This chapter presents Graph Based Evolutionary Algorithms. Graph Based Evolutionary Algorithms are a generic enhancement and diversity management technique for evolutionary algorithms. These geographically inspired algorithms are different from other methods of diversity control in that they not only control the rate of diversity loss at low runtime cost but also allow for a means to classify evolutionary computation problems. This classification system enables users to select an algorithm a priori that finds a satisfactory solution to their optimization problem in a relatively small number of fitness evaluations. In addition, using the information gathered by evaluating several problems on a collection of graphs, it becomes possible to design test suites of problems which effectively compare a new algorithm or technique to existing methods.
Graph based evolutionary algorithms (GBEAs) are a diversity management technique for evolutionary algorithms which places the members of the evolving population on the vertices of a combinatorial graph. They also provide a generic improvement by reducing the number of fitness evaluations required to find an acceptable solution at exceedingly low runtime cost through the selection of the correct graph as a population structure. The combinatorial graph provides a geography for the evolving population of solutions. Different graphs yield different levels of diversity preservation. The level of preservation needed for effective solution is problem specific. The amount of diversity present in a population initially is related to population size, but, even in a large population, this initial diversity can disappear rapidly. Graph based evolutionary algorithms impose restrictions on mating and placement within the evolving population (new structures are placed in their parents’ graph neighborhood). This simulates natural obstacles (like geography) or social obstacles (like the mating dances of some bird species) to mating (Kimura & Crow, 1963; Wright, 1986).
The GBEA technique differs from other AI enhancements to search and optimization in that they are a minor algorithmic modification that can be added to any evolutionary algorithm without requiring complex pre-calculation, costly additional data structures, or extensive modifications of the algorithm being enhanced. Only the adjacency matrix of a combinatorial graph need be added, and it is used only to limit mate choice – typically replacing a single call to a randomization algorithm. GBEAs are an exceptionally simple enhancement, provided the correct graph for a given problem is known.
When Evolutionary Algorithms (EAs) are used as an optimization process, populations of potential solutions are evolved to search a solution space for an acceptable answer. This often avoids problems with convergence to local optima that are found in gradient search methods (Goldberg, 1989) and enables the search of discrete spaces. These methods have provided novel and superior solutions for a wide range of problems in physics, engineering, biology, economics and many other areas (Blaize, Knight, & Rasheed, 1998; Fabbri, 1997; Keane, 1994; Vavak, Jukes, & Fogarty, 1997). A key issue when applying EAs is how to maintain sufficient diversity. When diversity loss is too rapid, an ineffective search of the solution space may occur, leading to premature convergence. When diversity is preserved too aggressively, the algorithm may converge slowly or not at all. The right amount of diversity is problem specific. A rule of thumb is that the need to preserve diversity increases with problem complexity and deceptiveness (Bryden, Ashlock, Corns, & Willson, 2006).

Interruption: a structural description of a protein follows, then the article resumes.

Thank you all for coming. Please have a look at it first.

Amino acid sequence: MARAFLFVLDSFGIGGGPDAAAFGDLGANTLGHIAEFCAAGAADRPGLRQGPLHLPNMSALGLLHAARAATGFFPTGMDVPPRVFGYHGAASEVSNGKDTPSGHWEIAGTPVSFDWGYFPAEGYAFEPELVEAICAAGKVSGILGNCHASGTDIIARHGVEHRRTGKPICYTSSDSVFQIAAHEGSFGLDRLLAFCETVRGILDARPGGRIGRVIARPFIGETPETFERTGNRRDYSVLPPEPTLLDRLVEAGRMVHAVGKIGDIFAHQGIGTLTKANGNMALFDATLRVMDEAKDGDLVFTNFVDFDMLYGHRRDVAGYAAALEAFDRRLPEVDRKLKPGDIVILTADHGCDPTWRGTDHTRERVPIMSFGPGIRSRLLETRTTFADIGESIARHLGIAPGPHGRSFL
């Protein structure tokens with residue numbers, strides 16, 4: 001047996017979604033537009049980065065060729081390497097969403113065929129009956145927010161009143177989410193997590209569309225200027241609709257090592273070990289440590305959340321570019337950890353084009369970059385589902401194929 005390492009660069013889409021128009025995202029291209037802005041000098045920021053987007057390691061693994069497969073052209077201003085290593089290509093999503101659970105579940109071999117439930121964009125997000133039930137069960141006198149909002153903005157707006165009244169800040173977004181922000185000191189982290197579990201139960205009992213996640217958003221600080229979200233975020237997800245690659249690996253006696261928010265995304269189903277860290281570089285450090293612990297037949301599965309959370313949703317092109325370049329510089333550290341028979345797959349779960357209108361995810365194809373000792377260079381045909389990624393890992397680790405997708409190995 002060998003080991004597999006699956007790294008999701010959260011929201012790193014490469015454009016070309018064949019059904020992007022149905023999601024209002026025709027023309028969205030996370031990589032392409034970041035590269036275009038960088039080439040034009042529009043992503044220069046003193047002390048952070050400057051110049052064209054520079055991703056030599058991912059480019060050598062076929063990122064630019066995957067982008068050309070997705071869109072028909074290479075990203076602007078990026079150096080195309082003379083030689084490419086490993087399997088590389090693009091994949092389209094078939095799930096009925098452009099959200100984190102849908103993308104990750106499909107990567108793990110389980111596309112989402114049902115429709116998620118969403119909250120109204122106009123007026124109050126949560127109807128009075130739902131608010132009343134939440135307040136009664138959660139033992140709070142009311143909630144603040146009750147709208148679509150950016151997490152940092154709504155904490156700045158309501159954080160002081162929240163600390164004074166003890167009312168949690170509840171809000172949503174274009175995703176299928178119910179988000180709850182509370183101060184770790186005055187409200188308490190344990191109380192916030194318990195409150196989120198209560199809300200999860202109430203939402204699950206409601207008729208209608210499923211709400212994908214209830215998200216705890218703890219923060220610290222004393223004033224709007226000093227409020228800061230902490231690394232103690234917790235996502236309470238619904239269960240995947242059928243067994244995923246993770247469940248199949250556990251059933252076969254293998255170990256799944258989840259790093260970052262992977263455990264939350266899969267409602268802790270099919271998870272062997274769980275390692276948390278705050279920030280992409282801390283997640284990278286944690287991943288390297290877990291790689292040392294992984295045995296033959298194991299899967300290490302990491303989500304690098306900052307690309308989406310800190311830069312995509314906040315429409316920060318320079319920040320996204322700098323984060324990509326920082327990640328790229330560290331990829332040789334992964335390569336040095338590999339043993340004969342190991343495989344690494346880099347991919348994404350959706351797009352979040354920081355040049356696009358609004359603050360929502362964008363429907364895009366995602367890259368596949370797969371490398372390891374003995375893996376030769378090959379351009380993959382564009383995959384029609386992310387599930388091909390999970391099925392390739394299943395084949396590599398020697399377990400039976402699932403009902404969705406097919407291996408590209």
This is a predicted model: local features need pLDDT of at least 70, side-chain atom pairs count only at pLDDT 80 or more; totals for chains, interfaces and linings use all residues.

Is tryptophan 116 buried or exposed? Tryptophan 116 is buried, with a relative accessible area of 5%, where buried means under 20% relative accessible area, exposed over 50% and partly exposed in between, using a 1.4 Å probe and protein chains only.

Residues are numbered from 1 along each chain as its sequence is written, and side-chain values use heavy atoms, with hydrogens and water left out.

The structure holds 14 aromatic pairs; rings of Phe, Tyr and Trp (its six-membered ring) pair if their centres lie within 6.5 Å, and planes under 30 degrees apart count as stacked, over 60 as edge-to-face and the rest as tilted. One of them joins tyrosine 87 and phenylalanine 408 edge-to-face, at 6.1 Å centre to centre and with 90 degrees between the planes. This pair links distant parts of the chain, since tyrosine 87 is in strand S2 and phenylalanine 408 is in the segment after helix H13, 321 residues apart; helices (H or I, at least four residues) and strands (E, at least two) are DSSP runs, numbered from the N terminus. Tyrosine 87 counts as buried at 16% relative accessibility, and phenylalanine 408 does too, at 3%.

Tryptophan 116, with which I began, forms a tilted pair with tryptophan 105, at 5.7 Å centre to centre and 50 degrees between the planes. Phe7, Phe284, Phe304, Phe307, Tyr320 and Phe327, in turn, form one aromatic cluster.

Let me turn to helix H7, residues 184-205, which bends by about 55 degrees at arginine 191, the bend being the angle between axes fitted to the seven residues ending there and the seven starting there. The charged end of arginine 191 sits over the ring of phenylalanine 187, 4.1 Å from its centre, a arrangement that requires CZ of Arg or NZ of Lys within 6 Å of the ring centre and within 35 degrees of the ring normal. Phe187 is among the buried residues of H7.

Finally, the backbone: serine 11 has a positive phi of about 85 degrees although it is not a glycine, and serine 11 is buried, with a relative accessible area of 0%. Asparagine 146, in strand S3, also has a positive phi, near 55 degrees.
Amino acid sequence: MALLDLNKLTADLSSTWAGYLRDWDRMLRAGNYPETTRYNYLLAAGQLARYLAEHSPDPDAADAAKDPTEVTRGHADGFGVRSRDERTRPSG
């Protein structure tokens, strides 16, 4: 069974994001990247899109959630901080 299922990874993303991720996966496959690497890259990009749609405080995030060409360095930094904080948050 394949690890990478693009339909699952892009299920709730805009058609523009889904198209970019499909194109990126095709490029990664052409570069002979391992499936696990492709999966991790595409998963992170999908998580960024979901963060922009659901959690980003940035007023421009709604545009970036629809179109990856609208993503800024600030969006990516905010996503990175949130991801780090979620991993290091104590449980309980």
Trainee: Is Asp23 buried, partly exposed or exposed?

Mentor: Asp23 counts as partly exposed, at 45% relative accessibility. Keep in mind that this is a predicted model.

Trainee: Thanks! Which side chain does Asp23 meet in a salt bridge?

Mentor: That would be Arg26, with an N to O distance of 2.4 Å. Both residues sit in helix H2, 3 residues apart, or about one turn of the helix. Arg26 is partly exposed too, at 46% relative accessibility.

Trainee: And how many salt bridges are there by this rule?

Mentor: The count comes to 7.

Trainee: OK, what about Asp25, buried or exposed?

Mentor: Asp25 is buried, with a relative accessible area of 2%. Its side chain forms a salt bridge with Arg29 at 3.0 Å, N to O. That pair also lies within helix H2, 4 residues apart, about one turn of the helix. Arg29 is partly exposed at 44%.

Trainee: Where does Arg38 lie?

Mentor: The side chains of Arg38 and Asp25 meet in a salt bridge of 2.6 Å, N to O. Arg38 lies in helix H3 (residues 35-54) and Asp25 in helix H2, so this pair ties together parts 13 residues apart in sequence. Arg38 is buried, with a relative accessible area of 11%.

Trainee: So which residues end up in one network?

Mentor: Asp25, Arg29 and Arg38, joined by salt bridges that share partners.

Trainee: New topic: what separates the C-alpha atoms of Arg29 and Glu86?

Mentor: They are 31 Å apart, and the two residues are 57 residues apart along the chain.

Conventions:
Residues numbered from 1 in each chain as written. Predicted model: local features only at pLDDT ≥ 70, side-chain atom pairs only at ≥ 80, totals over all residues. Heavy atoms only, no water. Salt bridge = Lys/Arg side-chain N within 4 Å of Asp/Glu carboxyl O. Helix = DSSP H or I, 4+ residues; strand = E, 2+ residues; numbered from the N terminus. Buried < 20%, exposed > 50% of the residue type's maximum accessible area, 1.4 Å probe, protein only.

There are several available methods for preserving diversity, including EcoGAs (Davidor, 1993), island GAs (Whitley & Starkweather, 1990), niching (Goldberg, 1989), and taboo search (Goldberg, 1989). EcoGAs and Island GAs are essentially the same as a type of GBEA, albeit using a less diverse class of graphs. EcoGAs use a grid shaped graph, and Island GAs use clusters of complete graphs connected through controlled migration events. Niching and taboo search require comparison of solutions in the evolving population either to all other solutions in the population or a taboo list, and so incur additional computational costs. GBEAs have exceedingly low computational overhead because of the fashion in which they mimic passive methods of diversity preservation found in nature.
Carefully choosing the connectivity of the combinatorial graphs used permits the level of diversity preservation to be increased or decreased (Bryden et al., 2006). Greater diversity causes more candidate solutions to evolve within the population. They may compete or cooperate (by juxtaposing compatible sub-structures) as they explore the search space. This can also result in finding multiple solutions for multi-modal problems.